For many years, one of my Sunday morning pleasures was to watch PBS’s Religion & Ethics NewsWeekly. The program was hosted by former NBC Correspondent, Bob Abernathy, and dealt with issues of religion and ethics in the world. Sadly, after many years, the show was cancelled.
Before the program ended, Mr. Abernathy, along with author William Bole, produced the book, “The Life of Meaning.” It is a collection of, what I would call essays, based of numerous interviews. It covers topics of faith, belief, and life. Many of the chapters have inspired me; and caused me think long and hard on the role of religion in my life, and the life of the world.
Over a late night cup of coffee, I would share with you my sadness with the amount of violence that is in the news lately. The shootings of two black men by police, under circumstances, that on the surface, appear to require further investigation. We have the killing of five police officers in Dallas, TX. Then the terror attack on French citizens in the city of Nice, resulting in 84 deaths, and 202 persons injured. And now we have the killing of 3 officers in Baton Rouge, LA. Add these incidents to the others that have occurred this year, both in our nation and in the wider world; and one gets the feeling that darkness is increasing in our world. And it will, if we allow it; the Christophers, a Christian inspirational group, quotes a proverb: “It is better to light one candle than to curse the darkness.” We are called to bring some love, some hope, and some light into our families and our communities. Be open to the Holy Spirit, let it inspire you, and be open to any opportunity to do some good that may come our way.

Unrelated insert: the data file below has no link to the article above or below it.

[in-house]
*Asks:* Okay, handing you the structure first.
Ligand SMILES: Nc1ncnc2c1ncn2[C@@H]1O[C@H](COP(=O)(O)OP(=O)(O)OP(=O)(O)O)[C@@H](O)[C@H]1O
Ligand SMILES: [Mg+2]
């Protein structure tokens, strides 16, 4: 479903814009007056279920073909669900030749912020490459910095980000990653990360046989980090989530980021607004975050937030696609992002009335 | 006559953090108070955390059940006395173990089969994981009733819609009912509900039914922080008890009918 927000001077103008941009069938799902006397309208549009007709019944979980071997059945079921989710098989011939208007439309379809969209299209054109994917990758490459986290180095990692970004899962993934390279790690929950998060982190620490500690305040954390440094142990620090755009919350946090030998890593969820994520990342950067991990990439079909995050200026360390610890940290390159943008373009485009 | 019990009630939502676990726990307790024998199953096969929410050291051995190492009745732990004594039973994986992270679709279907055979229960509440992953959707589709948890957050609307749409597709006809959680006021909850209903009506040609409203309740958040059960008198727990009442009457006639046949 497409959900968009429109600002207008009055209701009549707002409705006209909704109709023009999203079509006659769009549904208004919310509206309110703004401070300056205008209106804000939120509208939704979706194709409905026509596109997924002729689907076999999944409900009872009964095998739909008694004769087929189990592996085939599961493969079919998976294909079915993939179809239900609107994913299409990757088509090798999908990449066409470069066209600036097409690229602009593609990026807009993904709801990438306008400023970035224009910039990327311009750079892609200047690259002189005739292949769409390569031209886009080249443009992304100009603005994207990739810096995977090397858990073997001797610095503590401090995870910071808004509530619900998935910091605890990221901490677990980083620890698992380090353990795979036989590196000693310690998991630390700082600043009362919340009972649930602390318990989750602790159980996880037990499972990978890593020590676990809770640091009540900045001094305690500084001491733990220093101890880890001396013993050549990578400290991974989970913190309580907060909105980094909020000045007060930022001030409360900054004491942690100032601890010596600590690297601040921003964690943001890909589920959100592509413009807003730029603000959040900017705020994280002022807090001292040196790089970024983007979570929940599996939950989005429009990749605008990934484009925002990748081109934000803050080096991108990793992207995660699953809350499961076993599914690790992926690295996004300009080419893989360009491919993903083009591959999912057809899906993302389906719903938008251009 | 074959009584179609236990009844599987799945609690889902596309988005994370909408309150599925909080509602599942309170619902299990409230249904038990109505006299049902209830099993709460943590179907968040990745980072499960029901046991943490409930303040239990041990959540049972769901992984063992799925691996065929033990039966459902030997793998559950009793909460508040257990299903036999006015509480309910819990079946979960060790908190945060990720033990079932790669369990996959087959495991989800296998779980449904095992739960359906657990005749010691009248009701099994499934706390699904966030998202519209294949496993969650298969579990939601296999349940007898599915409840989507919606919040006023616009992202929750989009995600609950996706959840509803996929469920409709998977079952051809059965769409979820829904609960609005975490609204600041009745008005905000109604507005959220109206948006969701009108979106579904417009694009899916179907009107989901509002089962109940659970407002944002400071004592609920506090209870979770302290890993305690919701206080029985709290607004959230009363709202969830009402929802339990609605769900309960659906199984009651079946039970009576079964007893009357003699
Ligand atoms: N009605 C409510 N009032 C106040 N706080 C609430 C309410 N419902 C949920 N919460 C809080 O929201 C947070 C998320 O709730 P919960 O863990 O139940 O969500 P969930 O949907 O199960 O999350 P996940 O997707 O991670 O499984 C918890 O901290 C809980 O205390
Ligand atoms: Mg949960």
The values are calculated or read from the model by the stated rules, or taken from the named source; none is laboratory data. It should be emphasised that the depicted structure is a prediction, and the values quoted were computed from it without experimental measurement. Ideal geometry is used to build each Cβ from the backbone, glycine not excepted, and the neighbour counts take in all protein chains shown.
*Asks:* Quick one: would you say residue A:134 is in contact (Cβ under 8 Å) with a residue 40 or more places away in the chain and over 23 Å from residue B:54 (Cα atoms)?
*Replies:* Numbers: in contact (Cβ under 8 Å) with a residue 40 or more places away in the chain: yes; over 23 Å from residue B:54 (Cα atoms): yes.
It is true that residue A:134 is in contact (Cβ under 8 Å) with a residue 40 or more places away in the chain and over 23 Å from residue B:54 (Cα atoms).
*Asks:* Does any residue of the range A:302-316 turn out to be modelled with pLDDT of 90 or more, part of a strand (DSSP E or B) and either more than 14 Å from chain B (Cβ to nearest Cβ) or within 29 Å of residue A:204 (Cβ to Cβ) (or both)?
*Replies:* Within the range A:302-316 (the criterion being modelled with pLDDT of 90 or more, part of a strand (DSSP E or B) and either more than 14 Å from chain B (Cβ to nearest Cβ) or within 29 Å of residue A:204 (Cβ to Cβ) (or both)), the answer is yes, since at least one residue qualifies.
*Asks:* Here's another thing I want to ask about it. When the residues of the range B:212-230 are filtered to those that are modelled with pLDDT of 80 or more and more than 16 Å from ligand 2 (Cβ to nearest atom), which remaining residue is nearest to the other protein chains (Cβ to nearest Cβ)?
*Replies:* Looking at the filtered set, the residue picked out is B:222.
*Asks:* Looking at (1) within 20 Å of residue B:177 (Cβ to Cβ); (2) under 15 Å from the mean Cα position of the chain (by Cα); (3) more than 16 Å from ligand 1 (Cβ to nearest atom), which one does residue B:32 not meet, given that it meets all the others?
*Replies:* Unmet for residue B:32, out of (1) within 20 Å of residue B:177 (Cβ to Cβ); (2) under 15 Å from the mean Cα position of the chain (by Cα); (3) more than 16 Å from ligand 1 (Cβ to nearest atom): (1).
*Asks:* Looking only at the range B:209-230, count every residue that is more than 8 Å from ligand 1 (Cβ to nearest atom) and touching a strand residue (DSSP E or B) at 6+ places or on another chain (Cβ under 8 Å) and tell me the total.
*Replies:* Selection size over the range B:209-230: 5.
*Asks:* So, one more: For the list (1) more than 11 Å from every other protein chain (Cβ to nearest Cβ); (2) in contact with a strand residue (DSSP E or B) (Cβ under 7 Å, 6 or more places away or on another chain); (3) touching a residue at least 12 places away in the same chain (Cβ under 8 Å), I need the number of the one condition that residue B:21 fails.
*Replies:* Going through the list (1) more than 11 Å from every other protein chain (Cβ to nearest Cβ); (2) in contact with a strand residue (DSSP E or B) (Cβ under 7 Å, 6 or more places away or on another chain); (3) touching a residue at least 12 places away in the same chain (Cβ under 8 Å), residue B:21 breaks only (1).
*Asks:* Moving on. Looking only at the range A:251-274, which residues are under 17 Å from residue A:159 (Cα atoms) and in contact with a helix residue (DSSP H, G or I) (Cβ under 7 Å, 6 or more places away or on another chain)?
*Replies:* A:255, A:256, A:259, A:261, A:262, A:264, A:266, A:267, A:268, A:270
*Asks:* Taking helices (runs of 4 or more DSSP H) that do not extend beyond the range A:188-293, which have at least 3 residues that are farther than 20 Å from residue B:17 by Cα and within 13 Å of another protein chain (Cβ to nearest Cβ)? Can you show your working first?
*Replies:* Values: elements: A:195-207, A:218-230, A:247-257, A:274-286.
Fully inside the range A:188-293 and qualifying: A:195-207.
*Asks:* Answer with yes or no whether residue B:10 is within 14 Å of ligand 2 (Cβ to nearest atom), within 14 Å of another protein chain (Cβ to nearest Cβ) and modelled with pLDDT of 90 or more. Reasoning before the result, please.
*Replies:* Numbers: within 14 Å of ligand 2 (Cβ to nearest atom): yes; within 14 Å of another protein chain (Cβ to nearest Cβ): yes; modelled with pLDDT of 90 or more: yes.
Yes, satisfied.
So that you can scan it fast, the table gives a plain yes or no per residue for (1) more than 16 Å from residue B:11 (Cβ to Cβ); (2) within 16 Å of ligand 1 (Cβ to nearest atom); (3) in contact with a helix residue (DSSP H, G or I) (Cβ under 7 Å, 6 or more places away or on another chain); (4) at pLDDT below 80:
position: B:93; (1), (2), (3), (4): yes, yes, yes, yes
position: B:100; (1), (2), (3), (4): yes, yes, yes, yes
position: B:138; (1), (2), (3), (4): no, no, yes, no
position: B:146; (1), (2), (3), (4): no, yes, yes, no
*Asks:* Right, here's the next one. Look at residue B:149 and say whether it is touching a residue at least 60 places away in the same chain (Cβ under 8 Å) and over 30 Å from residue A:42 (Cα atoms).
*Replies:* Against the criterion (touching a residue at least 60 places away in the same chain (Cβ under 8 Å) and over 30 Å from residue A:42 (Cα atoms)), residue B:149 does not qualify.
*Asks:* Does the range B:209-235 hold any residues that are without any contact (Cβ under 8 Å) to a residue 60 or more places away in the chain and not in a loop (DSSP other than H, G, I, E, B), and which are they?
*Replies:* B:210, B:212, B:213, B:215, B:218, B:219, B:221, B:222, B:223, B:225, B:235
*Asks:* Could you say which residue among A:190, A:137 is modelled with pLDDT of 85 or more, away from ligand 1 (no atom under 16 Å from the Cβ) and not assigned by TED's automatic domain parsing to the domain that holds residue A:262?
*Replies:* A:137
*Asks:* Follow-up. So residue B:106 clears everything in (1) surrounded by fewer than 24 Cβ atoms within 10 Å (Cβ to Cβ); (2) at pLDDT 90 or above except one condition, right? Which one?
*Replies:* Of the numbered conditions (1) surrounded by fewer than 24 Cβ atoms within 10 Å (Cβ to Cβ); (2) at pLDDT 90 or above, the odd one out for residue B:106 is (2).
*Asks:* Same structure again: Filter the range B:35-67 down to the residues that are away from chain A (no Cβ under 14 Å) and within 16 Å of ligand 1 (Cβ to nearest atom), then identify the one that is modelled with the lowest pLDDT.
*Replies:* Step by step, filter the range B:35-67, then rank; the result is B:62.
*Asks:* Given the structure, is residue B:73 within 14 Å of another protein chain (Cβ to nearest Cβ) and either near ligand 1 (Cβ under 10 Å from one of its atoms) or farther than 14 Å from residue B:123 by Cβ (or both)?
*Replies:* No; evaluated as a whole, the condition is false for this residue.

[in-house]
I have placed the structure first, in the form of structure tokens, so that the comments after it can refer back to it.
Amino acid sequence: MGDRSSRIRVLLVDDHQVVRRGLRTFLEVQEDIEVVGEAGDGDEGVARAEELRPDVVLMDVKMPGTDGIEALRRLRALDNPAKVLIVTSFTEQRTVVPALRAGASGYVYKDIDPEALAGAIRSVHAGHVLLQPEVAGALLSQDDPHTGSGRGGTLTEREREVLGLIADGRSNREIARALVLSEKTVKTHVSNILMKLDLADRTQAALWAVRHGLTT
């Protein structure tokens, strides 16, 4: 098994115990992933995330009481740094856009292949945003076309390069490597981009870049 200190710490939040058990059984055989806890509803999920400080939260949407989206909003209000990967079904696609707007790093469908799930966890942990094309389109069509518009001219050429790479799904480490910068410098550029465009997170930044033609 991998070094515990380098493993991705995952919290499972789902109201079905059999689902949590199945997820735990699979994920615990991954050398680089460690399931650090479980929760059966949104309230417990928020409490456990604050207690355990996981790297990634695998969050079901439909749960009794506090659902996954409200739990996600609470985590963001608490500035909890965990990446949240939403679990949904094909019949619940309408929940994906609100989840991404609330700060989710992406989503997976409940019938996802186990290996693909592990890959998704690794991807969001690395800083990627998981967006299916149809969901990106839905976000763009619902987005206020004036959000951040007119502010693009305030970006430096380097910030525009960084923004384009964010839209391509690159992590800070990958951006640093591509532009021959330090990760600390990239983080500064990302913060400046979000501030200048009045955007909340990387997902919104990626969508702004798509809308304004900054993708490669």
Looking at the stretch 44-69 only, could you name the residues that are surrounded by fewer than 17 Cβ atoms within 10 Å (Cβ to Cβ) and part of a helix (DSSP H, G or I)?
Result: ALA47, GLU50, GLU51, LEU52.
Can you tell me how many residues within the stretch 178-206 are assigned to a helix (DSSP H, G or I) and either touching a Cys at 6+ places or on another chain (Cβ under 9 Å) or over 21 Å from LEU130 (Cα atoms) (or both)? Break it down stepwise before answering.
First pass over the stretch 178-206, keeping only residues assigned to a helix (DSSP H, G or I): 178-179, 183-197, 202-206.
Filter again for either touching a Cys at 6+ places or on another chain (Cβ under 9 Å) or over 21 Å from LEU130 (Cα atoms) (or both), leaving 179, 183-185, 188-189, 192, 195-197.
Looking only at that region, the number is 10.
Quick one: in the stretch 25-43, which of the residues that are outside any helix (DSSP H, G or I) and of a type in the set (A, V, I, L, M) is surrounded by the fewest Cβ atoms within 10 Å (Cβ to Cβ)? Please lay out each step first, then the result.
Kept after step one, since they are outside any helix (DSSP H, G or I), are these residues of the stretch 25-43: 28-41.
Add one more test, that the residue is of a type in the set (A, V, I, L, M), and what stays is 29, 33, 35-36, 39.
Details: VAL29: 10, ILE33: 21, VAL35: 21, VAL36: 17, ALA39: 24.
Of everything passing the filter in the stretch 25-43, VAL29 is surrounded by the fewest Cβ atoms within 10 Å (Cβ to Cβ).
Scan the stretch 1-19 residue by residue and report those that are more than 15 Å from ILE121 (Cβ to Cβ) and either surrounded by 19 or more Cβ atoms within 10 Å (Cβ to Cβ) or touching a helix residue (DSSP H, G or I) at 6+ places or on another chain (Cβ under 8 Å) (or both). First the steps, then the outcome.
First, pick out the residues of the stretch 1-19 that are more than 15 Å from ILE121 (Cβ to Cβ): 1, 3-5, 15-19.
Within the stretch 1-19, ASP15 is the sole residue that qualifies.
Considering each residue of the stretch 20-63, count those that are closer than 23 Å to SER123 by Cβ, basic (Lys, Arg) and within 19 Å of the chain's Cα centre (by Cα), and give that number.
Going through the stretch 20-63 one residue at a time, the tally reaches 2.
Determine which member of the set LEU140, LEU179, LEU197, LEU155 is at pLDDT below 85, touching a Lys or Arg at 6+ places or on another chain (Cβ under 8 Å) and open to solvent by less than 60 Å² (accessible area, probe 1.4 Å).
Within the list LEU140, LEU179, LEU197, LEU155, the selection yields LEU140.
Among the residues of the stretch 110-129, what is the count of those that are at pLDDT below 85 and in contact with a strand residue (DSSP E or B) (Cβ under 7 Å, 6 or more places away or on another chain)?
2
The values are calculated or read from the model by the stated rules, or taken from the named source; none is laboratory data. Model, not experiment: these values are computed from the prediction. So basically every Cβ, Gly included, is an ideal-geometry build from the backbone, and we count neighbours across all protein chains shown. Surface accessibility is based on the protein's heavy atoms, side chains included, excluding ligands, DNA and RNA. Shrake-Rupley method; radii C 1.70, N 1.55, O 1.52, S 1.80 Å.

Over a cup of coffee, I had planned on sharing a report on Catholic deacons that I saw on PBS’ Religion & Ethics Newsweekly program, but then I read a post written by Deacon Bill Ditewig, in which he pointed out the errors of the report, and made corrections. Then he issued a challenge to all of us deacons; to be true instruments of peace in this world that is in so much turmoil.
Well, here’s hoping the caffeine does not keep me awake. See you again over a cup of coffee.